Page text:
Our human lives are certainly complicated and can feel dull and unfulfilling at times. Who among us, in moments of reflection and contemplation, hasn’t wondered, Is this all there is? Why am I here? What is mine to do?
One’s purpose emerges from our core values, from putting what we care about into action to bring greater depth and satisfaction to life. Oftentimes, this happens through serving or collaborating with others. Or it might be glimpsed in reflective moments of self-awareness.
We can spend a lifetime searching for purpose–the elusive reason we are here on planet Earth at this precise moment in time. When we get discouraged or bogged down by the tedium of day-to-day life, when things feel impossible, it can be easy to lose track of the bigger picture: that there is something inherently unique and special about each one of us that only we can bring to the world. If we don’t show up to be that thing, no one else can and no one else will.
Ideally, we would all get our buckets filled through our career and work. But that’s not always the way life goes. So don’t assume you have to find your life’s purpose in the same place you earn your paycheck. You may be skilled and educated in something that pays the bills but doesn’t necessarily leave you feeling fulfilled and accomplished at the end of every day. And that’s okay. There are plenty of other ways to engage with your gifts.
Also don’t assume that you have only one fixed path and purpose to follow throughout your life. You may find your sweet spot as the member of a sports team in youth, running a company in midlife, and rescuing animals in your later years. Or maybe you’re playing with multiple purposes simultaneously–say as a member of city council while also parenting your family. Or serving as a volunteer and creating art. The things that bring depth and meaning to us will absolutely shift over time as our circumstances change and we evolve as human beings.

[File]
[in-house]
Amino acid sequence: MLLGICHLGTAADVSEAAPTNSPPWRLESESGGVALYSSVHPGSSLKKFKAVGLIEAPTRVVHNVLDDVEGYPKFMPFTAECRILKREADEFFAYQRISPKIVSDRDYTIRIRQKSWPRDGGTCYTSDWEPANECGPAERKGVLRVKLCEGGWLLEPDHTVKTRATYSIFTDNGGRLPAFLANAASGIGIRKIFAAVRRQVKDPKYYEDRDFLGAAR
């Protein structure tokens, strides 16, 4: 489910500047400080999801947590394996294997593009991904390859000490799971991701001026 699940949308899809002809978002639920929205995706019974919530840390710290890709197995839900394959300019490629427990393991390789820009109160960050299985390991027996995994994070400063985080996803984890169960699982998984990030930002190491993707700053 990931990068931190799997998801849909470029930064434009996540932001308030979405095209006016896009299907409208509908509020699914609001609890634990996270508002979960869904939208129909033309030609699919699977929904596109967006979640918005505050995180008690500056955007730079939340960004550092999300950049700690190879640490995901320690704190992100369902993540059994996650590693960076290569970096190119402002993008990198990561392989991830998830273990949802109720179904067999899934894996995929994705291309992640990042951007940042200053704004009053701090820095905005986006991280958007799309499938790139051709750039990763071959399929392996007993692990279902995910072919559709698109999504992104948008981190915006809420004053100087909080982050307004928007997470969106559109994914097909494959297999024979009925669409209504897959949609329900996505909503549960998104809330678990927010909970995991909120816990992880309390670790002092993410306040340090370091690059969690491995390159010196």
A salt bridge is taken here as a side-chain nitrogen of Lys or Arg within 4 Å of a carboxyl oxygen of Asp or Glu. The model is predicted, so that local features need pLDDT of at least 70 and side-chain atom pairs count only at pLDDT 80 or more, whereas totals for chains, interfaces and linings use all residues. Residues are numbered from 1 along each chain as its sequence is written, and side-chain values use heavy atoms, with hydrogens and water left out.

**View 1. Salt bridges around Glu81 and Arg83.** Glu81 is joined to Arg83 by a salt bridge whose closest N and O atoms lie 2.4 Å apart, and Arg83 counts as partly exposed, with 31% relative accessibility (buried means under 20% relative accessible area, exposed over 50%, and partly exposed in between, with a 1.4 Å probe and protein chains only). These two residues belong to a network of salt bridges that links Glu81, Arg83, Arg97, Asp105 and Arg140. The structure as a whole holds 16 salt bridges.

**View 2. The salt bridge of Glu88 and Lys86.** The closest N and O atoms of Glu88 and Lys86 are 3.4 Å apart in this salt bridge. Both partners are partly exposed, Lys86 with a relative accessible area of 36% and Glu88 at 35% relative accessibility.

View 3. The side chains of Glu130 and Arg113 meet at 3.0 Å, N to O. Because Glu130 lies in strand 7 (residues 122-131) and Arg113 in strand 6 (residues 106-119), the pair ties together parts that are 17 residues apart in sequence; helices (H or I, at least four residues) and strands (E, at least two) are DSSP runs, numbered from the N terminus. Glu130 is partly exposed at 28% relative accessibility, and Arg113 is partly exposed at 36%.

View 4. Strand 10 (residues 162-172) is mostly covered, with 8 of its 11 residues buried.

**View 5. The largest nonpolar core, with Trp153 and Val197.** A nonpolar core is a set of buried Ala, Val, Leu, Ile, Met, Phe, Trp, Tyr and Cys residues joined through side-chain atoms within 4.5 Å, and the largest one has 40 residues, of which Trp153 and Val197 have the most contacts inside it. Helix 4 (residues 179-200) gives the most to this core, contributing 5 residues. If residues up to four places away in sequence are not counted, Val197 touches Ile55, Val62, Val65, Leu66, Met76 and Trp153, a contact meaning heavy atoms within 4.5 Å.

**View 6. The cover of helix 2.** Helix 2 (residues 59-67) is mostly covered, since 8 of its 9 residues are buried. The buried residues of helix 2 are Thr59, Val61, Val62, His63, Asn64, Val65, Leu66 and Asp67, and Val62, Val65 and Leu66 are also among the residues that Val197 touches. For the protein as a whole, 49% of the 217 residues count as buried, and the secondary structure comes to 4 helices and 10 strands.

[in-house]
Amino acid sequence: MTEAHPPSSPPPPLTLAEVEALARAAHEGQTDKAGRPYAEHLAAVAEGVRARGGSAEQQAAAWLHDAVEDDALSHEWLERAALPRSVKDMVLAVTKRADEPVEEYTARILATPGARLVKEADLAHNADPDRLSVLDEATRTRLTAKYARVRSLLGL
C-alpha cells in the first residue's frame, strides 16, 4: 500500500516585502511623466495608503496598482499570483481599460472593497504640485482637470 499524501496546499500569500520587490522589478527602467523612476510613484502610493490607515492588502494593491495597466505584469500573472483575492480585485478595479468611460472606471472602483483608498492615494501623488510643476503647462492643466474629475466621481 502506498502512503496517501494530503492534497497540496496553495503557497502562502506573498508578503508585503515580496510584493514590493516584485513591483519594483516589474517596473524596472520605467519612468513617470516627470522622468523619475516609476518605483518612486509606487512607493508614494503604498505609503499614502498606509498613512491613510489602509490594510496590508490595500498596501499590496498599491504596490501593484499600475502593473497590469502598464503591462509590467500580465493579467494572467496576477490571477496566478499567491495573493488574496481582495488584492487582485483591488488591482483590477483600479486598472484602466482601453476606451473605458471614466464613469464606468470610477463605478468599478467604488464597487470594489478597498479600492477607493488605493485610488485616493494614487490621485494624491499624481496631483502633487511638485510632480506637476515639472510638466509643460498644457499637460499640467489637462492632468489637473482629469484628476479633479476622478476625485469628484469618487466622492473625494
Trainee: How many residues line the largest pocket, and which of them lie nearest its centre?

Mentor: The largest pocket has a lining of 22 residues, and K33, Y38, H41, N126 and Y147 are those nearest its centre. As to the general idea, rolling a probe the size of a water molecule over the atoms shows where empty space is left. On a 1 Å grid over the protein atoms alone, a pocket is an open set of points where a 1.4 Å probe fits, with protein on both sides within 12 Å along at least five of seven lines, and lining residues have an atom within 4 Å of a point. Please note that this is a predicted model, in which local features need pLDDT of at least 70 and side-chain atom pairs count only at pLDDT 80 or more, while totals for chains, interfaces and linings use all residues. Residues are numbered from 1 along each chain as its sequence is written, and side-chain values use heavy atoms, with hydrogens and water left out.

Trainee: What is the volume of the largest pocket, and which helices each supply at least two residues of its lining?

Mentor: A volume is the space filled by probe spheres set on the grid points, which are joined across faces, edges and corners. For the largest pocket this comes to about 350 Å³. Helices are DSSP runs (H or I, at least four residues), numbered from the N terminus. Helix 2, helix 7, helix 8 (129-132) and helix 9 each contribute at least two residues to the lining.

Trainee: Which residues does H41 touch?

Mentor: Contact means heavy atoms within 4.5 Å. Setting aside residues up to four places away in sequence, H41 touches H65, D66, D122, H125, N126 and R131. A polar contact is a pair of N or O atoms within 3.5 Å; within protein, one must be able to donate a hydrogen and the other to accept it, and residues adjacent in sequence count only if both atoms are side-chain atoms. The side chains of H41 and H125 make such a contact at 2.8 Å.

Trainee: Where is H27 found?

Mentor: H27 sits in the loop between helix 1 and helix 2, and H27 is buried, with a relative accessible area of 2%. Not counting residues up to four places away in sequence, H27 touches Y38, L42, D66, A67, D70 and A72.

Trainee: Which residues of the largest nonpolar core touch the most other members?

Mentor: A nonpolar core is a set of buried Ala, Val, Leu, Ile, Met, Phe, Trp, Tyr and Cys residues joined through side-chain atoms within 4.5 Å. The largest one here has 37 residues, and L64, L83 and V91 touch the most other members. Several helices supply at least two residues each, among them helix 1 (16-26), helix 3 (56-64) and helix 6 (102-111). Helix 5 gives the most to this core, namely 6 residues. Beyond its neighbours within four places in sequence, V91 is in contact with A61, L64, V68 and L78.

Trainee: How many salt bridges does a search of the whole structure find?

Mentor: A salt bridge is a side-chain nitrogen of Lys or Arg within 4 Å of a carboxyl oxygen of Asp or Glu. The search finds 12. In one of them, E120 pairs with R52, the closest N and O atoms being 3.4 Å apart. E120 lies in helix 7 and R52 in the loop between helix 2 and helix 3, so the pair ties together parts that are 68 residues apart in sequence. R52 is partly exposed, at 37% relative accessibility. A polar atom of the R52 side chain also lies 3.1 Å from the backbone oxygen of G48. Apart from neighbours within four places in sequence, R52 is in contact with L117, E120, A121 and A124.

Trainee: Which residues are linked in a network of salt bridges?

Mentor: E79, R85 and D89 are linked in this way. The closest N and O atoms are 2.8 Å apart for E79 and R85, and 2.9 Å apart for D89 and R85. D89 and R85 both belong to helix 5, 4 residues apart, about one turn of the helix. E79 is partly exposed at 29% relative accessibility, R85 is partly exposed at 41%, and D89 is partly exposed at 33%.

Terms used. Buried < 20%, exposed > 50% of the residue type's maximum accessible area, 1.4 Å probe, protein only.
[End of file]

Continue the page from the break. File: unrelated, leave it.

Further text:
How do you connect with your purpose?
- It can be easier to see and appreciate someone else’s gifts than to understand our own. If you are unsure about yours, ask someone who knows and appreciates you. Chances are, it will be easy for them to articulate what makes you you and describe your positive impact on the world.
- Increase your sphere of awareness and context. Maybe you have no idea that the thing you will love most in the world even exists! Extend your curiosity to learn more about the universe that surrounds you; see what lights you up and makes your heart surge. You might find things in alignment with special talents or skills you’re already aware you have, but not necessarily. You could discover something brand new that you simply must participate in. So you’ll figure out who you have to meet, what you have to learn, or where you need to go to make it happen.
- Purpose often arrives cloaked in our own pain, suffering, and difficult experiences. Once we’ve found the strength and fortitude to confront our own challenges, we can be of great help to others navigating similar situations and hardships.
- Sometimes it’s the things that fill us with anger or outrage that become our calling. This is how social movements begin: good people are no longer willing to endure intolerable circumstances, systems, or situations, and are moved to speak up or act on behalf of the greater good.
- Other times, the things that make us happiest and bring great joy will call us to our purpose. Caring for children, supporting the arts, protecting the environment, animals, and nature may inspire and motivate us into fulfilling action.
- Faith points some clearly in the direction of purpose. We may believe that we have been put in certain circumstances, or given certain gifts, by the Creator and it is incumbent upon us to use those gifts in service to the world.
Also keep in mind that fulfilling one’s purpose is not exclusively a factor of doing or accomplishing things. Rather, simply showing up and being authentically who you are can be a surefire way to align with purpose. We don’t always have to struggle and effort and try so hard. Sometimes our very presence is enough.